For those considering any discount dental plan, we strongly recommend finding a dentist that accepts payment under the plan you are considering prior to joining. This is the most difficult step since the discounts are so steep that most dentist will not accept the plan and who knows the list of dentists provided by DentalPlans may be out of date. As you might imagine, the plan is worthless if you can't find a suitable dentist who accepts the plan. In our case we gave the ADA codes (see example attachment below for Solstice) over the phone to dentists we were considering and they quoted the fee. When they understood our question and the quoted fee exactly matched the fee schedule published per the attachment we were satisfied. If not, we hung up and called the next dentist on the list.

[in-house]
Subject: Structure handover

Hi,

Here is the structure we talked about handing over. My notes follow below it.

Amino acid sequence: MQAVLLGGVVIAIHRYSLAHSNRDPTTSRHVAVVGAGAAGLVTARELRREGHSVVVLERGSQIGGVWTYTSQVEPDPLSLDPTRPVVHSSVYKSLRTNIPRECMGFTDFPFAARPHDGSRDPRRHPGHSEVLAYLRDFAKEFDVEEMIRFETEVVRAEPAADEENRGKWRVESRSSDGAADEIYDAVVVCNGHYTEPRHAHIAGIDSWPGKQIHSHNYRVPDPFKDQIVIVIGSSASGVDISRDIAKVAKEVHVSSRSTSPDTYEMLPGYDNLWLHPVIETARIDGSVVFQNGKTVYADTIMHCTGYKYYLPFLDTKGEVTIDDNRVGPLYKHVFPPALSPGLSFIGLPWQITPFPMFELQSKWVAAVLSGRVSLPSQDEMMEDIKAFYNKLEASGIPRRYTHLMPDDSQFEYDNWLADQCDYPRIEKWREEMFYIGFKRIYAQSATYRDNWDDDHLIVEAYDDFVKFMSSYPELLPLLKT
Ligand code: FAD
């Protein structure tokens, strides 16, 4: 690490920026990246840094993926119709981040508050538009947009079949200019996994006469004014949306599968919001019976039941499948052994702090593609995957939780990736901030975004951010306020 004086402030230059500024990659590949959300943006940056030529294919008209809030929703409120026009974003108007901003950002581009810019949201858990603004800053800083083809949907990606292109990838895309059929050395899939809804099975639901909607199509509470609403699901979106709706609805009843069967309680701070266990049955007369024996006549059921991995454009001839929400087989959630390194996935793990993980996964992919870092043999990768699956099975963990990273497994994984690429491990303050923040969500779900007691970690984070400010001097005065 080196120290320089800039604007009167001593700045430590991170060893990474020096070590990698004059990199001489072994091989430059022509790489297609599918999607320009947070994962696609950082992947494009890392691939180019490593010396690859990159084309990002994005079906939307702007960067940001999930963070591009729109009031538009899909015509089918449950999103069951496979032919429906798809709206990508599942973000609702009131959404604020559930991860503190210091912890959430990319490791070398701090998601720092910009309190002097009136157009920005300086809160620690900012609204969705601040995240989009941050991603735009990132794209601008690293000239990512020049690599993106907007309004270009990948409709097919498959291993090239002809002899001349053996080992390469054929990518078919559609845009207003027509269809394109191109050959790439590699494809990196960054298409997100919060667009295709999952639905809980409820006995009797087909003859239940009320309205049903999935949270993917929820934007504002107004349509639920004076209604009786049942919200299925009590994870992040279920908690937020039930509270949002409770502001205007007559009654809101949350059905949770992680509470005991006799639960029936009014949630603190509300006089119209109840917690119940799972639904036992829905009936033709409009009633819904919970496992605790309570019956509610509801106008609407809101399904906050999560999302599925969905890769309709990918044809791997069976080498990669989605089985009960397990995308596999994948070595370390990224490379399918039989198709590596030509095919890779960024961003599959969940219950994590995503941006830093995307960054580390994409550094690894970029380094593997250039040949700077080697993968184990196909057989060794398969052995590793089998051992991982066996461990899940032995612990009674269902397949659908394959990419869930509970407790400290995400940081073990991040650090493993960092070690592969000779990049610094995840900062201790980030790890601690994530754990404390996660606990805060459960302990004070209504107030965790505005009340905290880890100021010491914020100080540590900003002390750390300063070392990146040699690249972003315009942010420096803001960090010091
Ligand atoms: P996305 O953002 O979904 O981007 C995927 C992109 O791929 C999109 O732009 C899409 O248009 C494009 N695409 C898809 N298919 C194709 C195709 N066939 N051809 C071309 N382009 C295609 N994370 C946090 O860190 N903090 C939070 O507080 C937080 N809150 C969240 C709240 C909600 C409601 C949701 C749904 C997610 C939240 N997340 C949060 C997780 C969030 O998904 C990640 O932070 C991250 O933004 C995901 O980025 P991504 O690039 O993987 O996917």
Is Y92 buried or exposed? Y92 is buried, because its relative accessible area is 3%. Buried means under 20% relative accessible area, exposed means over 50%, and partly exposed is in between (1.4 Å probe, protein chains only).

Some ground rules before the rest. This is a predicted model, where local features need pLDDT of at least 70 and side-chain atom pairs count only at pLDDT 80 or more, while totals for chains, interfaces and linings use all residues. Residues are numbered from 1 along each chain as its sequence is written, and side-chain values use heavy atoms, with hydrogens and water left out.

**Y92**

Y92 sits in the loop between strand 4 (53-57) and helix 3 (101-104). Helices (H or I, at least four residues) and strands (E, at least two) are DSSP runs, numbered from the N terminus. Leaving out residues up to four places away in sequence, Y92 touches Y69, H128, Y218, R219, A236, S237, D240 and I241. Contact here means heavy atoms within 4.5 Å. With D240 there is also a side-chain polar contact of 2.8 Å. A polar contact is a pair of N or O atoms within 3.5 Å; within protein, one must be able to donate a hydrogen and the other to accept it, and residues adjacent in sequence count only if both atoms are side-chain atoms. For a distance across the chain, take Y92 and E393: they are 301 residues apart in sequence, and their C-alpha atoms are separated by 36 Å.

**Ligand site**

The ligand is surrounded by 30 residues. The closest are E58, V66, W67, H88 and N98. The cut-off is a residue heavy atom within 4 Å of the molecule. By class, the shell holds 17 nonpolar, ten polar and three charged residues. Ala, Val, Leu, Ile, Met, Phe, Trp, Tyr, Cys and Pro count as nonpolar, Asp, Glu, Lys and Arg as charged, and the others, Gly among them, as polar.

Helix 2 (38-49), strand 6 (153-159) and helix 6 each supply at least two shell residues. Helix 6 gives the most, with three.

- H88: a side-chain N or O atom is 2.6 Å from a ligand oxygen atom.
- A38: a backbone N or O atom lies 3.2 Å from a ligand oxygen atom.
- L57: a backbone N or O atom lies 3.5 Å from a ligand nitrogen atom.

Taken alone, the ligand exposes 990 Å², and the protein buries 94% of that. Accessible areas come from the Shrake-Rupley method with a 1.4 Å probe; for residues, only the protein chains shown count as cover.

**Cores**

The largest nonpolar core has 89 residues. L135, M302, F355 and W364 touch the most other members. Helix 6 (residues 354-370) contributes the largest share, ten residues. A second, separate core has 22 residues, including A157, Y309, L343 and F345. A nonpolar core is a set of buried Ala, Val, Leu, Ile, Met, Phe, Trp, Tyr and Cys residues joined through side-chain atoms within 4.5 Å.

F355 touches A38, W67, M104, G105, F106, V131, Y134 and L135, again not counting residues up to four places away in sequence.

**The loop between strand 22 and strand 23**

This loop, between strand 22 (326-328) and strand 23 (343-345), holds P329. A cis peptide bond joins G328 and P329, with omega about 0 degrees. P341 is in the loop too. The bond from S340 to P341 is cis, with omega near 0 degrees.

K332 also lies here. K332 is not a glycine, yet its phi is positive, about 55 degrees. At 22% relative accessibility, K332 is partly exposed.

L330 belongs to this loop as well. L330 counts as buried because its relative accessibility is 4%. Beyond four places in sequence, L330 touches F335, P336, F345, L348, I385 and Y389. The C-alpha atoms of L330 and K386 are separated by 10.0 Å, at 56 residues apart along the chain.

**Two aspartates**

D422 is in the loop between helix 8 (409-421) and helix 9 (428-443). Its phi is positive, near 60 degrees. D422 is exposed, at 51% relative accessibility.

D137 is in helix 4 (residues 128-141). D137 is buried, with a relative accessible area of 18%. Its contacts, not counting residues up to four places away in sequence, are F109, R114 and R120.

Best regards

As an interesting aside, we know of several dentists in our area charging 2-3 times as much as shown in the discounted fee column of attachment for the exact same procedures and they are booked months in advance. This begs the question as to why other dentists are willing to accept such steep discounts. This seems to be the biggest issue in our minds, not the legitimacy of the sites mentioned. As with anything, it's best to do your research up front.

Pete

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Edited by paroots, 17 December 2011 - 06:58 AM.

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#6 paroots

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Posted 18 December 2011 - 04:52 AM